We in the U.S. have our share of medical problems, but due to advances in sanitation and good hygiene we have eliminated most parasitic diseases. Unfortunately, with the explosion of the deer population, the chance of getting a parasitic disease from tick bites is becoming commonplace. Ticks can transmit diseases such as Lyme Disease and Rocky Mountain Spotted Fever. Making things even stranger, it has recently been discovered that the ticks can provoke a severe allergy to red meat!
Our story begins with drug trials for a new biologic agent for the treatment of colon cancer. During these early trials it was noted that this antibody treatment caused hypersensitivity (allergic) reactions in some volunteers. These reactions included hives and anaphylaxis. Curiously, these reactions occurred primarily to participants that lived in the southern states.
Dr. Platts-Mills and his group at the University of Virginia were asked to investigate the serous reaction to this biological treatment. They established that the reaction was an IgE response. That is to say a truly allergic reaction – not to a protein as is usually the case, but rather to a sugar component, (oligosaccharide, alpha-gal.).
The Red Meat Connection
During the same time, the Dr. Platts-Mills group evaluated a number of patients who had spent a significant time outdoors and had suddenly experienced severe allergic reactions. Many reported that the reaction occurred hours after eating red meat (beef, pork, lamb). Commercial meat extracts were negative; however on retesting to fresh meat extracts the results were strongly positive. Specific IgE blood tests for red meat were confirmatory.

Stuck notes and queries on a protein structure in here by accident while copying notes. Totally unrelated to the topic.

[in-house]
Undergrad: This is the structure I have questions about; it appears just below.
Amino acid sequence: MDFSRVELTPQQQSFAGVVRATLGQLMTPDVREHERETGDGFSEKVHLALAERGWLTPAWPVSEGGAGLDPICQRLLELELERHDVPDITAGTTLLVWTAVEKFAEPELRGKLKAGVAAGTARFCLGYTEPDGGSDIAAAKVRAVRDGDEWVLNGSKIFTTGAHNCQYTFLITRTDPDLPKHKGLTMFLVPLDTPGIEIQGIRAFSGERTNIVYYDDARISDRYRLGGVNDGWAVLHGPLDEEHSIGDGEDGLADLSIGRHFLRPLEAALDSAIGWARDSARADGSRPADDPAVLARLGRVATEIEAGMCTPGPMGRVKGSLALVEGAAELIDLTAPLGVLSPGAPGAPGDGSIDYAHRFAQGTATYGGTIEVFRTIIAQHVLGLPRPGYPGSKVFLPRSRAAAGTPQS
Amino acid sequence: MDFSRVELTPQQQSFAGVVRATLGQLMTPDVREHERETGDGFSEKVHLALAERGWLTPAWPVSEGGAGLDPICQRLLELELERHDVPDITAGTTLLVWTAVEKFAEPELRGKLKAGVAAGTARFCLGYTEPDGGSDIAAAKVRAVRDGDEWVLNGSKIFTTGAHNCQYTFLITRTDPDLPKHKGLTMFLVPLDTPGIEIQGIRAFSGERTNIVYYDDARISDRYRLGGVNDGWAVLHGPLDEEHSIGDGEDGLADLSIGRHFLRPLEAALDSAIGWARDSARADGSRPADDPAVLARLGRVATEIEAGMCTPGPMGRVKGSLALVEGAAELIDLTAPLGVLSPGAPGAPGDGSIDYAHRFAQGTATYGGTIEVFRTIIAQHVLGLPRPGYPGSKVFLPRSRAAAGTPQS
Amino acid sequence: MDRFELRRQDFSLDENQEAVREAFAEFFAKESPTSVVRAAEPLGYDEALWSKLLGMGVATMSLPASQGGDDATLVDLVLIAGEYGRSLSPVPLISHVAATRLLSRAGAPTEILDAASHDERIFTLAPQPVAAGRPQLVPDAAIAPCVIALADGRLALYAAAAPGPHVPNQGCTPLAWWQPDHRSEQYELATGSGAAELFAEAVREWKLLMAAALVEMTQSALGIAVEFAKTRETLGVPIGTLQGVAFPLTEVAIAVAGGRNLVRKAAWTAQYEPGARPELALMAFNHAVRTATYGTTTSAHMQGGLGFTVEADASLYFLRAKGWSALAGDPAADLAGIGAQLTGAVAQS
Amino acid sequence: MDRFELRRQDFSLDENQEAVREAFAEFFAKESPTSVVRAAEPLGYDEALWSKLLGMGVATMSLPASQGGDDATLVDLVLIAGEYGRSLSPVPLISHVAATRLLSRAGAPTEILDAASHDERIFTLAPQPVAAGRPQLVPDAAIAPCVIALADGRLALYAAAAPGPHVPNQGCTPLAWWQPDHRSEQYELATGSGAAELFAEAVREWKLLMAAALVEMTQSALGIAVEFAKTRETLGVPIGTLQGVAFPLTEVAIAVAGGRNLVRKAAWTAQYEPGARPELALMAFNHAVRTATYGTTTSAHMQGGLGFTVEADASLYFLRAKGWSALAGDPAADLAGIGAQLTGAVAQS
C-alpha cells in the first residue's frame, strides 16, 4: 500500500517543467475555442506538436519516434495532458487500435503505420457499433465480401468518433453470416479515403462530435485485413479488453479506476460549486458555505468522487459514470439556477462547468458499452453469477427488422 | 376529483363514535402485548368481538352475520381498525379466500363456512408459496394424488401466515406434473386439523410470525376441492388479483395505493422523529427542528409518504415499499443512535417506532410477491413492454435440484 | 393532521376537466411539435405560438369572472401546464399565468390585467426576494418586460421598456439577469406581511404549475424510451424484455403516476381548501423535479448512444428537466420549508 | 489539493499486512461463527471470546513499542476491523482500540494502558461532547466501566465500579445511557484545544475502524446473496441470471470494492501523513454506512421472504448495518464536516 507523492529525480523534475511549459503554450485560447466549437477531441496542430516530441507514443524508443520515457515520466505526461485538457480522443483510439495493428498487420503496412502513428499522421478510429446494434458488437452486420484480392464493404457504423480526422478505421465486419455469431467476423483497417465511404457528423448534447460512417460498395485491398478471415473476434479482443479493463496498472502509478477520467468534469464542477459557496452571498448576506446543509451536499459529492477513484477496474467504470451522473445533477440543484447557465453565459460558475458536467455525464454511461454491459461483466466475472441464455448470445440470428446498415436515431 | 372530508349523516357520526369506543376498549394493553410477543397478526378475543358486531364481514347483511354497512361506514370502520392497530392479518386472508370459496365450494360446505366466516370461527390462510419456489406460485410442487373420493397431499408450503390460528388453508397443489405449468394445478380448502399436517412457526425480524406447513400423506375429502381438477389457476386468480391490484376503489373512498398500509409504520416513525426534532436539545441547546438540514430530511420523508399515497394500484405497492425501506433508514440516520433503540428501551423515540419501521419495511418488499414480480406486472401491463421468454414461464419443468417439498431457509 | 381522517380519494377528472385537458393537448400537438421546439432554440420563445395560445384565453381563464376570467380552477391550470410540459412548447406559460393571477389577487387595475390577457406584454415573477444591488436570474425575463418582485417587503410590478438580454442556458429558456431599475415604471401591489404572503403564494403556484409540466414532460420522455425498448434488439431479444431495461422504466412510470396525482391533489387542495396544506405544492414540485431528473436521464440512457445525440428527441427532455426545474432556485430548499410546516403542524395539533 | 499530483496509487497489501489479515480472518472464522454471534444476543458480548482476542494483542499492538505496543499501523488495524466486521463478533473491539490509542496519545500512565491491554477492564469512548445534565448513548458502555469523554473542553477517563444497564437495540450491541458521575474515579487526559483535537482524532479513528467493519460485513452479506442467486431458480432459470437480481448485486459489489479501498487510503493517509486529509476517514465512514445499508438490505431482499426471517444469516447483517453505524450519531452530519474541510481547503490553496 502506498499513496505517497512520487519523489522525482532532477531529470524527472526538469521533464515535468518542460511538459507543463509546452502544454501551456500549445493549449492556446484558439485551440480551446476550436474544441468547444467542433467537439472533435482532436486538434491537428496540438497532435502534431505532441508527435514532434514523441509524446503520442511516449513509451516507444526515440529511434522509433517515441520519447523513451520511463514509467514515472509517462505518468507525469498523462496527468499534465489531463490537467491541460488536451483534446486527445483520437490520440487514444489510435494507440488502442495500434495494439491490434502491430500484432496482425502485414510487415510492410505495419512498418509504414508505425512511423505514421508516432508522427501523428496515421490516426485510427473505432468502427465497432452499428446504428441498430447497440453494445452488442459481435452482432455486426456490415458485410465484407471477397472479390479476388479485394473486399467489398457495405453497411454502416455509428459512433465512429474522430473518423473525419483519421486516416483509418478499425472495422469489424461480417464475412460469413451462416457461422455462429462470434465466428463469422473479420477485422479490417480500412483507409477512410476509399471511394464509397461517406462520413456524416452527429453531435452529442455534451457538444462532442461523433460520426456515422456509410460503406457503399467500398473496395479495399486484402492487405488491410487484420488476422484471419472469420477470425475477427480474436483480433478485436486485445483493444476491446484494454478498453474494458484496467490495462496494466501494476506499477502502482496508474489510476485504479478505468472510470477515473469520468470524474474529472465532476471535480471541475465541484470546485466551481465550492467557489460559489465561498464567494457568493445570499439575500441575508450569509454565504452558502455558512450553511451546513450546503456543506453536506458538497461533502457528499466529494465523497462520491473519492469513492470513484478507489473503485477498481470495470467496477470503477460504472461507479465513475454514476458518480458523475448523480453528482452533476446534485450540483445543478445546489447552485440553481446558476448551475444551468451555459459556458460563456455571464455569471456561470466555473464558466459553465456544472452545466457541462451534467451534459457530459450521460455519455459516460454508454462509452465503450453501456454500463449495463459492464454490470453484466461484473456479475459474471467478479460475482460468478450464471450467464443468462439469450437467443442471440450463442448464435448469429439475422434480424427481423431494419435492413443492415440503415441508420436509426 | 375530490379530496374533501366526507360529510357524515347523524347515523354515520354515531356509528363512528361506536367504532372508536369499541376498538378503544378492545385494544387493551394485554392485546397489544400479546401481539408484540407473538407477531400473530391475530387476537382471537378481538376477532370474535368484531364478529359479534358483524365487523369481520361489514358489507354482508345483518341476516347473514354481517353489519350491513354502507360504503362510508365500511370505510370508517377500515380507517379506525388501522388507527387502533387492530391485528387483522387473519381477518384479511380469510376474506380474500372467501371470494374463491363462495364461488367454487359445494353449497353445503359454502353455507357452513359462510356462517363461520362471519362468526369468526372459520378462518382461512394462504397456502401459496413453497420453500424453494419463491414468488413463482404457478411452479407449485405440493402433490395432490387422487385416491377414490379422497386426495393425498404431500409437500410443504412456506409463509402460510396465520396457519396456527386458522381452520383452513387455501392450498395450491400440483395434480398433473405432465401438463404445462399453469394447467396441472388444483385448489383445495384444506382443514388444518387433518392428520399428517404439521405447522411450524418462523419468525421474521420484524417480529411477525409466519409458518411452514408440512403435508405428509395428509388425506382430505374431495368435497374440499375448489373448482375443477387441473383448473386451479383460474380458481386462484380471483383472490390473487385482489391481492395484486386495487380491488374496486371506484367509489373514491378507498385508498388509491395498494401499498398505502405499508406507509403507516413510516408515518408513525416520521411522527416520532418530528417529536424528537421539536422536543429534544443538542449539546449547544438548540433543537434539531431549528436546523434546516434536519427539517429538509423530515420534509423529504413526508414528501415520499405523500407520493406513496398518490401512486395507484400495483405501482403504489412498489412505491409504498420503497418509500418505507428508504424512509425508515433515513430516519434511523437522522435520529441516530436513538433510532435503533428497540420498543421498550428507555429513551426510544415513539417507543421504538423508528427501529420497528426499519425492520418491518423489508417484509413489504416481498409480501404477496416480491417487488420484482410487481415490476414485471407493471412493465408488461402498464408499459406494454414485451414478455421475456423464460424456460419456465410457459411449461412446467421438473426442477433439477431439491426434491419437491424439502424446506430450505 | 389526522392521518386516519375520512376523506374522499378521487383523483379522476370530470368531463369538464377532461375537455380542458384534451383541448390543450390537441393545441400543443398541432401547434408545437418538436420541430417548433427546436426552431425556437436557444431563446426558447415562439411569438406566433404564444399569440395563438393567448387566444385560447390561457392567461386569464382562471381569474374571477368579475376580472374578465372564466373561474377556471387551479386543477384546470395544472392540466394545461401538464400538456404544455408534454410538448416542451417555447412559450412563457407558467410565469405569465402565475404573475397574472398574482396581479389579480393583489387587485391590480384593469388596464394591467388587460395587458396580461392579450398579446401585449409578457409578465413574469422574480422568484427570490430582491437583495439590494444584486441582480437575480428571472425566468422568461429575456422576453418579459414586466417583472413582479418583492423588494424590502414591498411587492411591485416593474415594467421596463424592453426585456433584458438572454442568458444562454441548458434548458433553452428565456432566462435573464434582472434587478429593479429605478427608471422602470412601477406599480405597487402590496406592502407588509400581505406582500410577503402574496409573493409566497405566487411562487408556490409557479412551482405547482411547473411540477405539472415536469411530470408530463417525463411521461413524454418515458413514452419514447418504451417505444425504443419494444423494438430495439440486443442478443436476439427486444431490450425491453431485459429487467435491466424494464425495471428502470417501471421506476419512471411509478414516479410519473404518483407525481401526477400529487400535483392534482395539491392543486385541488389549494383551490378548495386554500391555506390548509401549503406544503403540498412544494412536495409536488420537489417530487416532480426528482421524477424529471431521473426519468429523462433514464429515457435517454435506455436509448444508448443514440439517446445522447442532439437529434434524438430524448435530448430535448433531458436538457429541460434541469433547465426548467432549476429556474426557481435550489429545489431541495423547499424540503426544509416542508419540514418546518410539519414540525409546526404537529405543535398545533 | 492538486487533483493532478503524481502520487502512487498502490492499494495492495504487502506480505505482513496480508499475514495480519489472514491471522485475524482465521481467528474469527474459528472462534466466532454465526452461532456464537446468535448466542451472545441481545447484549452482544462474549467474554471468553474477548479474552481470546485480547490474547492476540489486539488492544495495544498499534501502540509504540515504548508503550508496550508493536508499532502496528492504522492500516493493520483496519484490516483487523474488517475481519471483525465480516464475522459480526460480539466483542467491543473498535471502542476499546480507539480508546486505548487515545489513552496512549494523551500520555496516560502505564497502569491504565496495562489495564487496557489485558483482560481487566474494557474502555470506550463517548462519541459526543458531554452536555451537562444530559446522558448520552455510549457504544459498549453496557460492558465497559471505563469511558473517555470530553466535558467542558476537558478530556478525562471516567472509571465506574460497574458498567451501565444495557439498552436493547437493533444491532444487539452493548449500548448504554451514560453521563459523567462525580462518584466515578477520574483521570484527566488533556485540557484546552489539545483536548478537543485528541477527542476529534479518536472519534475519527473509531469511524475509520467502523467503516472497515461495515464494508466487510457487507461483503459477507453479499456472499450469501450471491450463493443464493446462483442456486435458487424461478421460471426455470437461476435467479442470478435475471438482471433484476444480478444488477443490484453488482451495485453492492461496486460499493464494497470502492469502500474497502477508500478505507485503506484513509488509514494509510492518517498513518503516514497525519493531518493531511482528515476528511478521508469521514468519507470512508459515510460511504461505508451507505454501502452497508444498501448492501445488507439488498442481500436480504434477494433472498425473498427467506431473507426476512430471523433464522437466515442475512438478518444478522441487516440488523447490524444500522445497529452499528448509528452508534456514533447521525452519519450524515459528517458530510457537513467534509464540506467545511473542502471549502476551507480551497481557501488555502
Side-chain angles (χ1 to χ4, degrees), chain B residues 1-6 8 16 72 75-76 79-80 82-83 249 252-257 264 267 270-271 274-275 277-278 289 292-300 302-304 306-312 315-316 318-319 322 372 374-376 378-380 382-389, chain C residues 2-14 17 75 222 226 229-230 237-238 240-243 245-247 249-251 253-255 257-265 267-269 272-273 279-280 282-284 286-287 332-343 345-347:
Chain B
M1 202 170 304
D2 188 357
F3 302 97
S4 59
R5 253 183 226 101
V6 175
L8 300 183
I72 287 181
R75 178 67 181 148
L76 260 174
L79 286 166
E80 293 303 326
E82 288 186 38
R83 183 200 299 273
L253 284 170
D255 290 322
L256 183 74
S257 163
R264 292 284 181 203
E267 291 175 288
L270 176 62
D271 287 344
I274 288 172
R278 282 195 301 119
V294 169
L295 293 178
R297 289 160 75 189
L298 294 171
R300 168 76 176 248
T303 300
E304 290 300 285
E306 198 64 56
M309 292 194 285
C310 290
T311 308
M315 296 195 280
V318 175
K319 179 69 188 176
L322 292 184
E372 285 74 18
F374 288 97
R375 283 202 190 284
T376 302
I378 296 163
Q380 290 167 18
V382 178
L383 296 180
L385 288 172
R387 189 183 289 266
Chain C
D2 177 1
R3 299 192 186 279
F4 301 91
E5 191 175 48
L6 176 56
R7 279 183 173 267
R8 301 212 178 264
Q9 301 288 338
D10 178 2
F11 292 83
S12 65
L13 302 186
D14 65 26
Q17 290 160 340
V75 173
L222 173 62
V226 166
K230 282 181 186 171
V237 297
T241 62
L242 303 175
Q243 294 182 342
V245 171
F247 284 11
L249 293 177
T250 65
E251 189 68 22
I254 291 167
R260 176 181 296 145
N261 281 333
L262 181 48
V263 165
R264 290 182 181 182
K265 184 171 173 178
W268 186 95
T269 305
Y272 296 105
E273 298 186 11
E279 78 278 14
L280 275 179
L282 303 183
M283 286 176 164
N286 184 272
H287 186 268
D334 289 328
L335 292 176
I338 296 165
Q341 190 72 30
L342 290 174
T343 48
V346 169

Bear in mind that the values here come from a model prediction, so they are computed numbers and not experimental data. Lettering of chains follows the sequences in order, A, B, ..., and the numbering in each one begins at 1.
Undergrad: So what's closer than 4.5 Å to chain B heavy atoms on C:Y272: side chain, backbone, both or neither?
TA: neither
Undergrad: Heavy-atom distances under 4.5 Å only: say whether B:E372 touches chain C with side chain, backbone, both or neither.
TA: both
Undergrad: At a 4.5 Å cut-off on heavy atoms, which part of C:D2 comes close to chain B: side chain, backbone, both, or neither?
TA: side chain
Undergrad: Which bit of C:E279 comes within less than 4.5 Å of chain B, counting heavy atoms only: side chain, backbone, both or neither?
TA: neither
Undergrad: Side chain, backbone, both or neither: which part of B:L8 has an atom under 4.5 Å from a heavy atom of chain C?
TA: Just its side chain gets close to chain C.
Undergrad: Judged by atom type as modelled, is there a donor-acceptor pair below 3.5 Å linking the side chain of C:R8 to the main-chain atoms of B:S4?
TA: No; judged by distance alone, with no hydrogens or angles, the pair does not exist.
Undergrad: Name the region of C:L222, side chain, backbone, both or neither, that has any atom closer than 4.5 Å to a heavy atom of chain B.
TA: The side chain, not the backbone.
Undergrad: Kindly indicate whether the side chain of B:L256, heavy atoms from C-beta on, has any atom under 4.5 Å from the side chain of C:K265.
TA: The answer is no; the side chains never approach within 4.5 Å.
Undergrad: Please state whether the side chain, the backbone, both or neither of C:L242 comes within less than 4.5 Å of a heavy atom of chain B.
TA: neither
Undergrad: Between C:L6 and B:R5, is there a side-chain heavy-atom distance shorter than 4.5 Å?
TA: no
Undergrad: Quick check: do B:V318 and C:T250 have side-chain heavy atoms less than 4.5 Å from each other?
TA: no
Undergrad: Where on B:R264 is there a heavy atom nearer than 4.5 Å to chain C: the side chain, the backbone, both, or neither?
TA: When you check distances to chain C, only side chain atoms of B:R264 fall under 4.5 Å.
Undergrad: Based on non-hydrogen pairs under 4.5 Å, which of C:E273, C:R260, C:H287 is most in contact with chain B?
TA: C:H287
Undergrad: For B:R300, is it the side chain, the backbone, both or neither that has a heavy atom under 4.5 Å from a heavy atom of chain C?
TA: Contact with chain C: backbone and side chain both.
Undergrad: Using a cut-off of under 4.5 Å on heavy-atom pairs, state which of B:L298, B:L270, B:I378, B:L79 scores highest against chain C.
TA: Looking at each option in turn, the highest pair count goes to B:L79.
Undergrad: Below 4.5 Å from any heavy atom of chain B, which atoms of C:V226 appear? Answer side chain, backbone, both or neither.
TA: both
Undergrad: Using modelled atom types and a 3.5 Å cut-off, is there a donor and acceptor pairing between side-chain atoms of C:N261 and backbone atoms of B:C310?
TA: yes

Unpublished reports by allergy doctors in Georgia years earlier found 10 cases of allergy to mammalian (red) meat starting several weeks or months after a tick bite. The reaction to red meat was not typical. Many complained of nausea, diarrhea, and indigestion 2 hrs after the meal followed by itching, hives and sometimes anaphylaxis. Most patients reported that they never had a history of any allergy in the past.
These findings led the group to investigate whether IgE (allergy) antibodies to the sugar alpha-gal were present in the blood of patients reporting reactions to beef. The geographical area of reactions to the biologic treatment investigated previously and red meat allergy overlapped the southern states.
The patients’ blood showed positive results for beef, pork and lamb but not to non-mammalian meat such as turkey, chicken and fish.
The Tick Bite Connection
Suspecting a connection, the group investigated the incidence of tick bite in patents with meat allergy. Some patients showed a dramatic increase in IgE to alpha-gal from pre and post exposure to tick bites. Examination of the US Centers for Disease Control and Prevention maps of the long star tick revealed an overlap with meat allergy reports and reactions to the studied biological agent. The lone star tick is black with a white spot on its back; coincidently it is also found in the Lone Star State of Texas. Other ticks can transmit Lyme Disease and Rocky Mountain Spotted Fever but not alpha-gal allergy. It appears the tick bite may induce an allergy via its saliva and/or blood contaminated with alpha-gal from a previous recent mammalian meal. The recent increase of reported cases may be due to the burgeoning deer and tick populations with incursions into the suburbs.
The discovery of allergy to the sugar, alpha-gal, has changed the established rules of allergy. Allergy to an oligosaccharide (sugar) is possible, ticks bites can induce allergy and a severe allergy reaction can have a delayed response for up to two hours. This is a striking new example of a parasite-induced allergy.